And then there are the vents. Occasionally the vents are part of a required path, and it’s usually obvious when they are because there’s no other way to go. But if you decide to explore a vent went there are other doors you can still open? You will either discover a lengthy vent that leads to nothing, a vent that contains health or ammo when you were just at a safe room anyways, or in some cases a vent that is just filled with enemies and no reward for clearing them. But my favorite is when objects related to a particular objective appear only after an event has been triggered, causing me took look everywhere for it except for the vent it’s now in, because when I checked that vent earlier it had been empty. Aliens: Infestation could have simply removed exploration entirely, but instead they decided to systematically train players to avoid exploration.

The only reward for exploration is being able to find all twenty characters. And once you’ve got that 100% complete save file, and want to play through again to see what some other characters say? It turns out there’s only a single save file, and you have to erase it if you want to play again. There’s even wording that seems to indicate the game might once have had more than one save file for you to use, but there’s only just the one to select.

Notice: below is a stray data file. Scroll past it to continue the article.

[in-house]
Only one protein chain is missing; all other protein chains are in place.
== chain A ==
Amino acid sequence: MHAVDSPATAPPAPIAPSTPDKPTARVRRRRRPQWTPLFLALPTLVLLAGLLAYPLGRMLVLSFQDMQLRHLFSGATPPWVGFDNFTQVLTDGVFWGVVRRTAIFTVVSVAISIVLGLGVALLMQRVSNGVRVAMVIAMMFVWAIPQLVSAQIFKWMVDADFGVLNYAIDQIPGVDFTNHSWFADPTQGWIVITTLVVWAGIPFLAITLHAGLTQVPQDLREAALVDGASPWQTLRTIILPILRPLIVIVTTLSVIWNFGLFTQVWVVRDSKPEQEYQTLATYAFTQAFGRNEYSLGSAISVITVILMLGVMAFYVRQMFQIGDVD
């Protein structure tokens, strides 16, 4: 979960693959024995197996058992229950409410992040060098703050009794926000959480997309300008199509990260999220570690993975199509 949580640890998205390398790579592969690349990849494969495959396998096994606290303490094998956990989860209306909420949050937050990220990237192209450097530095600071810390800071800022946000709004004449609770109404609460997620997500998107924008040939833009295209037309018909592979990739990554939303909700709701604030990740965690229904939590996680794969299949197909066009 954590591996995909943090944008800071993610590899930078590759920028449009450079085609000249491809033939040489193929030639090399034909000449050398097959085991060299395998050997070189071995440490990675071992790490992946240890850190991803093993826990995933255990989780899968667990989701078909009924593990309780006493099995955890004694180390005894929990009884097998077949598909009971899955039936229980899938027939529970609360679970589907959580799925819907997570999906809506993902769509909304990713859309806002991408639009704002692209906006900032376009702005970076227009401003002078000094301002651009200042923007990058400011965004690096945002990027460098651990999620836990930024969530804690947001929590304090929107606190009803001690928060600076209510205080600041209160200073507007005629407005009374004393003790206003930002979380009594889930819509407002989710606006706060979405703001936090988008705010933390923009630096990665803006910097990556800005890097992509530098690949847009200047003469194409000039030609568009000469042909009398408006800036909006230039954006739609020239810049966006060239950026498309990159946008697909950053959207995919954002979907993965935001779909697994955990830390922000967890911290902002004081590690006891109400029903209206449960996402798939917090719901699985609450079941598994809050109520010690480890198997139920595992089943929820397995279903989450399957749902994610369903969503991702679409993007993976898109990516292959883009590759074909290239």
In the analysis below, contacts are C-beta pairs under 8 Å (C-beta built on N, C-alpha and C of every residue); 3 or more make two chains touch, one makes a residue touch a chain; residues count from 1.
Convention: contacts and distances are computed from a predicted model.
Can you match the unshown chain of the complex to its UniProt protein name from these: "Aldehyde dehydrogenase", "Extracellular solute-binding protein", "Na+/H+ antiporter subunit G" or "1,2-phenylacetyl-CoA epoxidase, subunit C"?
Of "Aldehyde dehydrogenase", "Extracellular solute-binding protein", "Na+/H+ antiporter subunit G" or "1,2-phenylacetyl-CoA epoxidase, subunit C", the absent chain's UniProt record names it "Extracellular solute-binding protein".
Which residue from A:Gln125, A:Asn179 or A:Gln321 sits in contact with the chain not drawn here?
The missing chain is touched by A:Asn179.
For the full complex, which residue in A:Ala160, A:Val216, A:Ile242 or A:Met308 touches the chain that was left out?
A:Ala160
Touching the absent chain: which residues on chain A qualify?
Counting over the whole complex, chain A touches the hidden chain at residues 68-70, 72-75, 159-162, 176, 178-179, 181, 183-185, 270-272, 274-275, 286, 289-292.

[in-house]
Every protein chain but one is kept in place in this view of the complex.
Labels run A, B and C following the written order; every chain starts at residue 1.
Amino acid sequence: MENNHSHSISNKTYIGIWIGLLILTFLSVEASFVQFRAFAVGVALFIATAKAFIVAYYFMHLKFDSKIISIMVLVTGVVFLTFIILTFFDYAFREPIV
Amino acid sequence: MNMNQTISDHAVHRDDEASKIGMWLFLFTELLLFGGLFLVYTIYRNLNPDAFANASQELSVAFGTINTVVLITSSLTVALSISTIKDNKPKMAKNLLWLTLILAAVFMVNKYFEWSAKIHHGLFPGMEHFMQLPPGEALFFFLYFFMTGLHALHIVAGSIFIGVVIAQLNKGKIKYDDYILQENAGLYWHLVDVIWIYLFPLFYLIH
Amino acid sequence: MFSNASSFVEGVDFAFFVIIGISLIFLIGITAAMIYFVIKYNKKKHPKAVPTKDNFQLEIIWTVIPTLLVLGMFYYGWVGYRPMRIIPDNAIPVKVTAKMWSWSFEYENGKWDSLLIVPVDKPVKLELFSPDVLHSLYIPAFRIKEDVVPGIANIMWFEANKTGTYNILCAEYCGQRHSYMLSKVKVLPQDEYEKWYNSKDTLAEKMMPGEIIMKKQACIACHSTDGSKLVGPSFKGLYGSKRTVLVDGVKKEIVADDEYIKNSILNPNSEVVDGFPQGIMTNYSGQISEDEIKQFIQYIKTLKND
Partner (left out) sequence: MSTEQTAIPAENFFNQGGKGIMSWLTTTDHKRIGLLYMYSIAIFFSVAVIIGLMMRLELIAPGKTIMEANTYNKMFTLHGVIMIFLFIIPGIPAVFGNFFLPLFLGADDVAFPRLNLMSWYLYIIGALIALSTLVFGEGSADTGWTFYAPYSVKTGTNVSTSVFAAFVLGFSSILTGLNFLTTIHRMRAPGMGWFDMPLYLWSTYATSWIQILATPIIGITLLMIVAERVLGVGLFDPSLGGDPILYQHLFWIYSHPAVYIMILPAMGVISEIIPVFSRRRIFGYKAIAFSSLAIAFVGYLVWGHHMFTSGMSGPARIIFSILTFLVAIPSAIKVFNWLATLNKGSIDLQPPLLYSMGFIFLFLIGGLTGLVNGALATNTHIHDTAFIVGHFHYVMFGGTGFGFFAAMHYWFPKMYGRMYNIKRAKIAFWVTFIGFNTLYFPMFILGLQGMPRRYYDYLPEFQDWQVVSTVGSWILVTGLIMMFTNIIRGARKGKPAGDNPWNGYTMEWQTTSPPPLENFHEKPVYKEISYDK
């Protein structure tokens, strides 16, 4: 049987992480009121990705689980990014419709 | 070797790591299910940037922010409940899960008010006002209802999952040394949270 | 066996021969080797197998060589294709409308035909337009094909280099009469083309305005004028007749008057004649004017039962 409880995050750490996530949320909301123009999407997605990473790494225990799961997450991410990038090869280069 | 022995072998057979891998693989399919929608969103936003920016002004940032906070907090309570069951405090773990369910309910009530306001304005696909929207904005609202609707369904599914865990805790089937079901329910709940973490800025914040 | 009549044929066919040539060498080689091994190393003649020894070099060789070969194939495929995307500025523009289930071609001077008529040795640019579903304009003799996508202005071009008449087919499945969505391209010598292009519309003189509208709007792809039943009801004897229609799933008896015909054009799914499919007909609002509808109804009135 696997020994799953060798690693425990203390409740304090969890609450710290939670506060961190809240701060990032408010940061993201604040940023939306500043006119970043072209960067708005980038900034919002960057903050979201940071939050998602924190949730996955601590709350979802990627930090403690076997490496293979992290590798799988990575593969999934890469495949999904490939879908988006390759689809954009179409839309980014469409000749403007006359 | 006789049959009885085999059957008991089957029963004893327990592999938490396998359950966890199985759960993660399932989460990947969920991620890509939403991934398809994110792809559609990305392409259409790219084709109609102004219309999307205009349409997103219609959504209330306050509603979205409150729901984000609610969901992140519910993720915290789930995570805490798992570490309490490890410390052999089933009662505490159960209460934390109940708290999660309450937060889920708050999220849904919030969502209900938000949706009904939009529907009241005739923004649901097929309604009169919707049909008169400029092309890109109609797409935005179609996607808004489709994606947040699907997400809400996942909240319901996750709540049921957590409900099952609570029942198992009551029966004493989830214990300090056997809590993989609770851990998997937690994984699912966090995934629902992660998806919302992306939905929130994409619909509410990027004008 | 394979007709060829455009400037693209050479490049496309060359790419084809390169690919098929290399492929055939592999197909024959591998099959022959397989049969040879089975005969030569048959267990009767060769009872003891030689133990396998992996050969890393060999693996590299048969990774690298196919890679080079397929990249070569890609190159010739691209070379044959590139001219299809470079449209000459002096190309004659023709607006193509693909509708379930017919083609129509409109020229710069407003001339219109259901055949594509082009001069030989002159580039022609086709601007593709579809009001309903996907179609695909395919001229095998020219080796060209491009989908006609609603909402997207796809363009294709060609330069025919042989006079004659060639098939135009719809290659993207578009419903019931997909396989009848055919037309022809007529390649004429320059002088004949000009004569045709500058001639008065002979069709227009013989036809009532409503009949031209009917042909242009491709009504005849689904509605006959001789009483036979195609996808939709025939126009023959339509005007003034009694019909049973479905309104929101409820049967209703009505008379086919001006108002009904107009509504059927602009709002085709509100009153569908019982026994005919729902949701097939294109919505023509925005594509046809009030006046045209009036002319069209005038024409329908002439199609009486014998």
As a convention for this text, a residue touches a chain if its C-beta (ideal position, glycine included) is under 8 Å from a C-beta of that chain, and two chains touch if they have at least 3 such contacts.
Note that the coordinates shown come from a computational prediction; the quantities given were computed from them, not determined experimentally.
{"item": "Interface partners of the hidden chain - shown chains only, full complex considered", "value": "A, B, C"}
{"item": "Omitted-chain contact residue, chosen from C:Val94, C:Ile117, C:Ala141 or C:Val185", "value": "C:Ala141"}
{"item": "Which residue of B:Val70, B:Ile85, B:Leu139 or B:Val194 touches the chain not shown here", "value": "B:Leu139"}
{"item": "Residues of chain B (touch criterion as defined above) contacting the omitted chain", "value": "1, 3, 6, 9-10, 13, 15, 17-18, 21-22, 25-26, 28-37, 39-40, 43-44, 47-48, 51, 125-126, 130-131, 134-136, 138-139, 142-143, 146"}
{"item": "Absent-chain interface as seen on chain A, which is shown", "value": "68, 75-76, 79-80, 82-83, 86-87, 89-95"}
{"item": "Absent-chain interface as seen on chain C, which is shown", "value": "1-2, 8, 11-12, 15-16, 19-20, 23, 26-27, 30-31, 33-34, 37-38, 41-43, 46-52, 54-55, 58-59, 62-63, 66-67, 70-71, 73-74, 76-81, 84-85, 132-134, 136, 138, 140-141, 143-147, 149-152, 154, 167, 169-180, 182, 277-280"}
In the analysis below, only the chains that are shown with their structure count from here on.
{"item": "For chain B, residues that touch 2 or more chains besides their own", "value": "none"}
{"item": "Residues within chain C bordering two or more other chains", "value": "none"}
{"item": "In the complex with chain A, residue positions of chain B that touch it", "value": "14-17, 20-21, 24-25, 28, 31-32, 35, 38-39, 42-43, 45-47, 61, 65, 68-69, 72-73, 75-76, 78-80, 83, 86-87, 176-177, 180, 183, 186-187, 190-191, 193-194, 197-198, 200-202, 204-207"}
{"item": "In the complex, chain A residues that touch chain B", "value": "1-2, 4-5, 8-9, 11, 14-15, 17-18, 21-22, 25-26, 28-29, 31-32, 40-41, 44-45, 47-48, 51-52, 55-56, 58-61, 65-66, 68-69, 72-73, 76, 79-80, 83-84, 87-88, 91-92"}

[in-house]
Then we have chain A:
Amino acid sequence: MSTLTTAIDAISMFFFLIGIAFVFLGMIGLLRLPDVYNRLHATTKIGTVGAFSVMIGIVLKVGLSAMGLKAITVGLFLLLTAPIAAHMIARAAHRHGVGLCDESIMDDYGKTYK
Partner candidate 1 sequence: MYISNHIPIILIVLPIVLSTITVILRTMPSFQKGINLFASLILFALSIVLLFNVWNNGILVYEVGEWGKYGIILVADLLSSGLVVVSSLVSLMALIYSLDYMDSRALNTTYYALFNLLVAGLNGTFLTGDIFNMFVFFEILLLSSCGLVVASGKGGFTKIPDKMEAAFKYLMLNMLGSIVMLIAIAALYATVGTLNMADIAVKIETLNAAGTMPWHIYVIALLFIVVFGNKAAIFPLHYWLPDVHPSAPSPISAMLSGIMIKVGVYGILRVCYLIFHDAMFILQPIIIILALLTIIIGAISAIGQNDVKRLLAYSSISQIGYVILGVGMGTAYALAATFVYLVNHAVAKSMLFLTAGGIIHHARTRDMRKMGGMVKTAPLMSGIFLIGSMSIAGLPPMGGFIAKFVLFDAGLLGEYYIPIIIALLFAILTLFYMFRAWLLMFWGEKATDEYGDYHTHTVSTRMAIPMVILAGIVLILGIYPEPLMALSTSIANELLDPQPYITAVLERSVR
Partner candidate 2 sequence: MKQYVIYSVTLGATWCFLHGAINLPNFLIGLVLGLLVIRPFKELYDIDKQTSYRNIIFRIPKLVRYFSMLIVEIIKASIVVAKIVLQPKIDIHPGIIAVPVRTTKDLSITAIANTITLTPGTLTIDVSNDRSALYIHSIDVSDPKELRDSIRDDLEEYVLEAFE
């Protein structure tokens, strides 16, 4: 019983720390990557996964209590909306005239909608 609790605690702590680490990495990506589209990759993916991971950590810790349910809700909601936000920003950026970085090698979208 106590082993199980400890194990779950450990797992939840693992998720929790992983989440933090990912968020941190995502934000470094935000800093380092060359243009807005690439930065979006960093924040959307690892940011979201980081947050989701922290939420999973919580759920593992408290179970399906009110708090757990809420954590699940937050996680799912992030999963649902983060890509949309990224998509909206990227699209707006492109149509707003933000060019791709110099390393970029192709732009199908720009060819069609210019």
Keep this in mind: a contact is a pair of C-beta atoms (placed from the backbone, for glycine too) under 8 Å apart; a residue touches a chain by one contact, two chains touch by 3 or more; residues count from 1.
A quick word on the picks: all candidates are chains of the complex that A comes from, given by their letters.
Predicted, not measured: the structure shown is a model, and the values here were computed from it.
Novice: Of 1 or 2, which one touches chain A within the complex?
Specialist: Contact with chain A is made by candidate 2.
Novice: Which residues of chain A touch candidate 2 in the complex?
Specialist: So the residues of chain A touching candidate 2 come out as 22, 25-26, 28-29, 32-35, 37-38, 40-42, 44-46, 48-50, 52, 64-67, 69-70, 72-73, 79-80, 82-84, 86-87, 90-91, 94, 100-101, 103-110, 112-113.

There’s still more that I could complain about. Like how the beginning of the game has a major case of “Megaman! Megaman!”, yet at the same time the existence of a roll button means that you might not realize there’s a run button hidden as one of the shoulder buttons. And why do all the dialogue sections sound like your commander is constantly biting into an apple? Why is there no actual reload button, the game instead requiring that you switch from map to inventory on the touch screen and tap the gun. And who thought that putting a tedious driving level in between a save point and a boss—so you’d have to do it all again if you died at the boss—was a good idea? But I think you’ve heard enough.

Aliens: Infestation was a game that showed a lot of promise, but instead comes across as rushed and slightly unfinished. In closing, I’ll leave you with my favorite line from Lt. Col. “Stainless” Steele:

“Listen up, Marines. The Secret Squirrels beat the tree you brought back and knocked loose a couple of acorns.”